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hemant dalal

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hi, i was shooting a venue and suddenly my Mavic air came down too low on the road and crashed with a running car. broke two of its arms and damaged substantially. What to do next? kindly advise
 

slup

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Hi there & welcome to the forum ... or actually congrats to your first post since you joined 2019 👋 :D

... suddenly my Mavic air came down too low on the road and crashed
Was this sudden descent commanded by you ... or was it uncommanded?

This makes a big difference ... if you by yourself steered it down & unintentionally came to low ... it's considered as a pilot error & you can only rely on DJI Care if you have that ... otherwise all repair costs will be fully on you.

If the descent instead, as far as you know, was uncommanded & you want help by someone here at the forum to figur out a possible reason ... you need to share the flight logs from that flight. The flight logs are stored in the mobile device you flew with ... go here & read up on how to retrieve them (read under section 3. & about the mobile device .txt logs) --> Mavic Flight Log Retrieval and Analysis Guide then come back here & attach the log in a new post.

If it turns out that this was without you to blame ... you can claim warranty if your MA1 still are within the warranty period ... if not go for DJI Care if you have that ... or again pay from your own pocket if neither of the other 2 applies.

What to do next? kindly advise
If you feels that the descent was uncommanded & you want a second opinion out from the logs ... you share the logs here in this thread & someone will assist you, then you contact DJI through below link.

If you already knows that this mishap all are on you ... contact DJI directly for a repair cost estimate through this link --> DJI once you have set up a repair request DJI will guide you to what you need to do, they will also see if warranty or DJI Care applies.
 
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tlswift58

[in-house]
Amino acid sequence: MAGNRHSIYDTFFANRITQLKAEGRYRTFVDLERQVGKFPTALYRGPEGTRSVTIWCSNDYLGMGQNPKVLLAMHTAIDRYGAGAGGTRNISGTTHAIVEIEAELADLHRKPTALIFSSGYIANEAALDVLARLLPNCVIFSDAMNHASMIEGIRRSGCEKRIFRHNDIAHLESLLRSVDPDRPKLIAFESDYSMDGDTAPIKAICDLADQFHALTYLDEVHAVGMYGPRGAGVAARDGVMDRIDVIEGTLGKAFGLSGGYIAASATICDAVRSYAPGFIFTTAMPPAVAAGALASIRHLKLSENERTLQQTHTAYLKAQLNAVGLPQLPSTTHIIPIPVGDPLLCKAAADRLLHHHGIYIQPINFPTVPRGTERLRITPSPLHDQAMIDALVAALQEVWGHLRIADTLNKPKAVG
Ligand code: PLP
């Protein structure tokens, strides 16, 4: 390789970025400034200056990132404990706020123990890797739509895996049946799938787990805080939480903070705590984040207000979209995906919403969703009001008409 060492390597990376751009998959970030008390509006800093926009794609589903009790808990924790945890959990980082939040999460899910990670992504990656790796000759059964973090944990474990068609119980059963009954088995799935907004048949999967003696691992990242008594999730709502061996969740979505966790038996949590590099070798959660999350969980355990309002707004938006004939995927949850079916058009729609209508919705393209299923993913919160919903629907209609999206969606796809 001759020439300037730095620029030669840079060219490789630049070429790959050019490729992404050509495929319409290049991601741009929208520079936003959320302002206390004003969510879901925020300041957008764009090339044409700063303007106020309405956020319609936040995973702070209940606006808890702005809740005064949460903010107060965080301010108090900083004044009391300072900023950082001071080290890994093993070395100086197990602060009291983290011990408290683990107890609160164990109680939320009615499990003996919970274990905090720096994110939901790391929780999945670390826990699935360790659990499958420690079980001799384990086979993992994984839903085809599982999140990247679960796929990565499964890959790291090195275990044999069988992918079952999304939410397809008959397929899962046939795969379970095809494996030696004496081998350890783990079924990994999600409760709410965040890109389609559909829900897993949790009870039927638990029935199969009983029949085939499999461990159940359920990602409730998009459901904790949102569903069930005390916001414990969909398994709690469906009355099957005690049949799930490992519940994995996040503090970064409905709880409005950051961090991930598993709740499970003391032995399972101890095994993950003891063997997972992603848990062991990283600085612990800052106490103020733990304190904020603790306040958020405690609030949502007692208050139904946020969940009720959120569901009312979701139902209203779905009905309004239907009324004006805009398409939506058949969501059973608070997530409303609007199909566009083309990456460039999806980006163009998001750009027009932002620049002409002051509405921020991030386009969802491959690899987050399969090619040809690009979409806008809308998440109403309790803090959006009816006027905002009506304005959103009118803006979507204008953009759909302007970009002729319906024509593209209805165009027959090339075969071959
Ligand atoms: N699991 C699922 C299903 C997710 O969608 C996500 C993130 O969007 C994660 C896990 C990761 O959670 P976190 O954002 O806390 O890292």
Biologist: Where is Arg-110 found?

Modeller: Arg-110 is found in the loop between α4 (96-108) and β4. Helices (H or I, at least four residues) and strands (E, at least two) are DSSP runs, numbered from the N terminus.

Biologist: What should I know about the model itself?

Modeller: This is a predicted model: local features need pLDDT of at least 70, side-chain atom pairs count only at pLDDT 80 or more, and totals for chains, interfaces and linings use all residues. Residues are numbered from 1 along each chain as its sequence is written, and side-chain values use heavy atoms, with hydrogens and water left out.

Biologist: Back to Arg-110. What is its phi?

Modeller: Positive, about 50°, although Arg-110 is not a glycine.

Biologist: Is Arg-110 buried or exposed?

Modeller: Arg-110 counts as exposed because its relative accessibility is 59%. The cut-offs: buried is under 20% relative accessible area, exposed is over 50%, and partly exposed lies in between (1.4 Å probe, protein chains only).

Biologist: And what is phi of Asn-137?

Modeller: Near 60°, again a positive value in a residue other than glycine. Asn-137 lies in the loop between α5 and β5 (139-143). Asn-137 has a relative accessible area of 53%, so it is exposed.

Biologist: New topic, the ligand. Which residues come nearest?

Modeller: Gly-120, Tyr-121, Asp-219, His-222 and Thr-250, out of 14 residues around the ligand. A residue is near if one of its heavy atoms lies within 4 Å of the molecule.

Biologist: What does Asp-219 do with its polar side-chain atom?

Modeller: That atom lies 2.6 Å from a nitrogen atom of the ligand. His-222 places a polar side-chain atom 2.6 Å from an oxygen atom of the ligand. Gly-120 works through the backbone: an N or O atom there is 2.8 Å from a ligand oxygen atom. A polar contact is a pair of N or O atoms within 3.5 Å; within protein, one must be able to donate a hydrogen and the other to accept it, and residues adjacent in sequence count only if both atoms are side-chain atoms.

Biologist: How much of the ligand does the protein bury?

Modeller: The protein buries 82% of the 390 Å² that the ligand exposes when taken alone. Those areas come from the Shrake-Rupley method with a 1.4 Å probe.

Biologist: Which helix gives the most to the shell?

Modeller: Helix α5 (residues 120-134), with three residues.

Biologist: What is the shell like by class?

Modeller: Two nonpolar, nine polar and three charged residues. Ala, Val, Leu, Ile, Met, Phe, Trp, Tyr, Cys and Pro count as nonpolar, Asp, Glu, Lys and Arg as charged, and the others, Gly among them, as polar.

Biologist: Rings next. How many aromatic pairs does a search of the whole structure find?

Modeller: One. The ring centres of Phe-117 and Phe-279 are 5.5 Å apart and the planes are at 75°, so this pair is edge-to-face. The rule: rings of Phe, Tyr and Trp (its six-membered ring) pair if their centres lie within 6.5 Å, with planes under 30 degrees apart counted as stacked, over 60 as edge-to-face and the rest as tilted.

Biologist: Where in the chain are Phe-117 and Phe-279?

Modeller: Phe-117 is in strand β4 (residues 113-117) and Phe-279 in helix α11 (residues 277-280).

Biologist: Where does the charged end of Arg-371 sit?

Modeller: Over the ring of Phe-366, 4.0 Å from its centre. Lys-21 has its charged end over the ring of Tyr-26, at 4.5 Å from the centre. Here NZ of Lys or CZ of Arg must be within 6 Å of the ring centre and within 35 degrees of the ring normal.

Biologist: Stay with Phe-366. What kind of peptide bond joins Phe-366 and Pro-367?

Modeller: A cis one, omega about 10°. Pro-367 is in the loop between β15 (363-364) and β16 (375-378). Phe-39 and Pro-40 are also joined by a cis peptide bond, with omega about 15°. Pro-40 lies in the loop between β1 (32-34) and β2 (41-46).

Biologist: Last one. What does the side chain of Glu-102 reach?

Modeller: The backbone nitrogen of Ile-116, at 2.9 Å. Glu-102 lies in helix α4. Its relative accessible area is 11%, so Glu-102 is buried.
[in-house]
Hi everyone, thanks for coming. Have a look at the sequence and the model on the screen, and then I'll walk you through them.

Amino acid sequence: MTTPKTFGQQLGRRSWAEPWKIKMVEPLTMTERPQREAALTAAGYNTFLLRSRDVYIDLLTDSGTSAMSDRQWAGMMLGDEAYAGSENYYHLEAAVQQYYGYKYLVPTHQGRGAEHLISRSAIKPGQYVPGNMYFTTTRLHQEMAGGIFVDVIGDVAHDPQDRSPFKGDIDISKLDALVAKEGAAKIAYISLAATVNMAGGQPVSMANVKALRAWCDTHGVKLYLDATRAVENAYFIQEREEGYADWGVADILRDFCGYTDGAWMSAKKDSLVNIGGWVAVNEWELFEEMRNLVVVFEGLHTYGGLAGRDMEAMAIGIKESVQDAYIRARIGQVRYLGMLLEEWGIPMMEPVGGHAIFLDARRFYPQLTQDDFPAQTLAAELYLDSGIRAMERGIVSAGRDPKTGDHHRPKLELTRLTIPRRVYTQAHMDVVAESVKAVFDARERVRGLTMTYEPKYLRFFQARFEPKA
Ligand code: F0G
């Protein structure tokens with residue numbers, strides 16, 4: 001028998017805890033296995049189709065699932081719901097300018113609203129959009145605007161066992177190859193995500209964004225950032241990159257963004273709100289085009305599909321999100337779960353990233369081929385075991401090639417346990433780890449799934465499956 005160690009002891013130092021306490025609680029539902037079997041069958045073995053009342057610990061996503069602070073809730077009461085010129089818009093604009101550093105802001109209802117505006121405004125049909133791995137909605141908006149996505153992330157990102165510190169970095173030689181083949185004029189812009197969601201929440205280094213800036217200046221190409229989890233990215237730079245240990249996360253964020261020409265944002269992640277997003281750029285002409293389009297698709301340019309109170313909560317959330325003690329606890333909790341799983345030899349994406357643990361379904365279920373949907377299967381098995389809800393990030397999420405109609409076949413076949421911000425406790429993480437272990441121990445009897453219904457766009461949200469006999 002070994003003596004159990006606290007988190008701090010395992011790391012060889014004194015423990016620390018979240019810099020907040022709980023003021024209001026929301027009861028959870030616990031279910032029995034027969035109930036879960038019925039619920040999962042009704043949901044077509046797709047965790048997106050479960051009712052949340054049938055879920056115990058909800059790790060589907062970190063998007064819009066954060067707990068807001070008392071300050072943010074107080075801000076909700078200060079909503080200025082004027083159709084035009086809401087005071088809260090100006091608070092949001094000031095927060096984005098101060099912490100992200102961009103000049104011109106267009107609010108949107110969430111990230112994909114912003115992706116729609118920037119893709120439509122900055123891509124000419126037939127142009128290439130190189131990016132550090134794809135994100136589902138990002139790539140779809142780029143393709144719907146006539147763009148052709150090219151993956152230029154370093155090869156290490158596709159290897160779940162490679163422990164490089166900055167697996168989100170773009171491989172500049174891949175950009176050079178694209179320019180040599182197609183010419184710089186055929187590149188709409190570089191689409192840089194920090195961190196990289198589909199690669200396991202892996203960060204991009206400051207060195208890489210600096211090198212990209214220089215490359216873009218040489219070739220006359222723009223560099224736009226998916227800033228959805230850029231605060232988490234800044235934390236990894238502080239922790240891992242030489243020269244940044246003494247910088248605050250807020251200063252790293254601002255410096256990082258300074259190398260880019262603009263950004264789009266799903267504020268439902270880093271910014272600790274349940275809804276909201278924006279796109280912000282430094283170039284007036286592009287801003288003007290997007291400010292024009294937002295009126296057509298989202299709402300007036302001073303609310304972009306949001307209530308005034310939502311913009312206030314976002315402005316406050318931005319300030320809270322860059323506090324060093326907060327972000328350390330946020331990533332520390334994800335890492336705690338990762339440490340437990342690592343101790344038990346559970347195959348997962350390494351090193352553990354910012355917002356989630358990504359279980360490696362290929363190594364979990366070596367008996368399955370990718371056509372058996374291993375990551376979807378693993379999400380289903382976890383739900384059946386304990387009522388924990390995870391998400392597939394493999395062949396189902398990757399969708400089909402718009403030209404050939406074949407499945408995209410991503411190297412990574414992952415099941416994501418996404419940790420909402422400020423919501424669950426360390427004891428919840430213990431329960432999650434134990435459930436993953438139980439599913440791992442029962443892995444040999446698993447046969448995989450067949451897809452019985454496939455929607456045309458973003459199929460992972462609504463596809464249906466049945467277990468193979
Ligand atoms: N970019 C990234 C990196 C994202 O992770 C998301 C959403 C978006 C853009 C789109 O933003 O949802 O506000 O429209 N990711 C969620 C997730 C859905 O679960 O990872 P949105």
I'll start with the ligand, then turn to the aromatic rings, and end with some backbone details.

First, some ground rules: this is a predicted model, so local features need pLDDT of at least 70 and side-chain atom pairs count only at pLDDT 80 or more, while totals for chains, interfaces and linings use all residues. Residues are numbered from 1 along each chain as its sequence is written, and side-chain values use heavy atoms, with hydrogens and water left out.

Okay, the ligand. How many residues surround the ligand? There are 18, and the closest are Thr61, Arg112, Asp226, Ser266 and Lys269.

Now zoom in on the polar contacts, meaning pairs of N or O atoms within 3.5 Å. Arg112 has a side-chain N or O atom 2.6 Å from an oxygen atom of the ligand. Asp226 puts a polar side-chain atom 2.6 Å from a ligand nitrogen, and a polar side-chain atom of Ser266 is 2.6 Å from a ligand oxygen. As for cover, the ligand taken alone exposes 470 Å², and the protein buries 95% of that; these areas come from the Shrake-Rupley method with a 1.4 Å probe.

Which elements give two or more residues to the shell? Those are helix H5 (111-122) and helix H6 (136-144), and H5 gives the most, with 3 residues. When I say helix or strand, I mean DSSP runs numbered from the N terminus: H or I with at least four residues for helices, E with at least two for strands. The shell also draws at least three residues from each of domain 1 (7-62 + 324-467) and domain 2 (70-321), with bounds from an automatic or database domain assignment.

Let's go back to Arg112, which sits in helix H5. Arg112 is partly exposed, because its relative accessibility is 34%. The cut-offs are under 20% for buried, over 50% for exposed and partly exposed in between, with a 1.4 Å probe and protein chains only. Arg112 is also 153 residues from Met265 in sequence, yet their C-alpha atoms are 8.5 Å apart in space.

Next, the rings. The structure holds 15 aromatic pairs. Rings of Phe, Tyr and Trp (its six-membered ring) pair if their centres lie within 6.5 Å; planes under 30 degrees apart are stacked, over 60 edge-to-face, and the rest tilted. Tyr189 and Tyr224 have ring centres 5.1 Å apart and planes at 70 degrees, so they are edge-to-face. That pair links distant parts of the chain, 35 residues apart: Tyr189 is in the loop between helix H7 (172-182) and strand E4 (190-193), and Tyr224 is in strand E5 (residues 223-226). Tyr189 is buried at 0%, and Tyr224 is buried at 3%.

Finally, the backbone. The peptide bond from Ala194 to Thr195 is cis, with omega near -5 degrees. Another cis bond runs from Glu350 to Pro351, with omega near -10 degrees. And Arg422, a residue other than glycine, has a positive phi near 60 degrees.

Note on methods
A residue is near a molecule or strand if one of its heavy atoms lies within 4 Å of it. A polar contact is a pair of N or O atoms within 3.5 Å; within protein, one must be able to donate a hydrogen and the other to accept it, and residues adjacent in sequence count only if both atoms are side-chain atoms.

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Start a "claim" with DJI. They'll have you submit log files / etc to determine "WHO" covers what. They will then have you send in the drone for repairs.
 

hemant dalal

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Hi there & welcome to the forum ... or actually congrats to your first post since you joined 2019 👋 :D


Was this sudden descent commanded by you ... or was it uncommanded?

This makes a big difference ... if you by yourself steered it down & unintentionally came to low ... it's considered as a pilot error & you can only rely on DJI Care if you have that ... otherwise all repair costs will be fully on you.

If the descent instead, as far as you know, was uncommanded & you want help by someone here at the forum to figur out a possible reason ... you need to share the flight logs from that flight. The flight logs are stored in the mobile device you flew with ... go here & read up on how to retrieve them (read under section 3. & about the mobile device .txt logs) --> Mavic Flight Log Retrieval and Analysis Guide then come back here & attach the log in a new post.

If it turns out that this was without you to blame ... you can claim warranty if your MA1 still are within the warranty period ... if not go for DJI Care if you have that ... or again pay from your own pocket if neither of the other 2 applies.


If you feels that the descent was uncommanded & you want a second opinion out from the logs ... you share the logs here in this thread & someone will assist you, then you contact DJI through below link.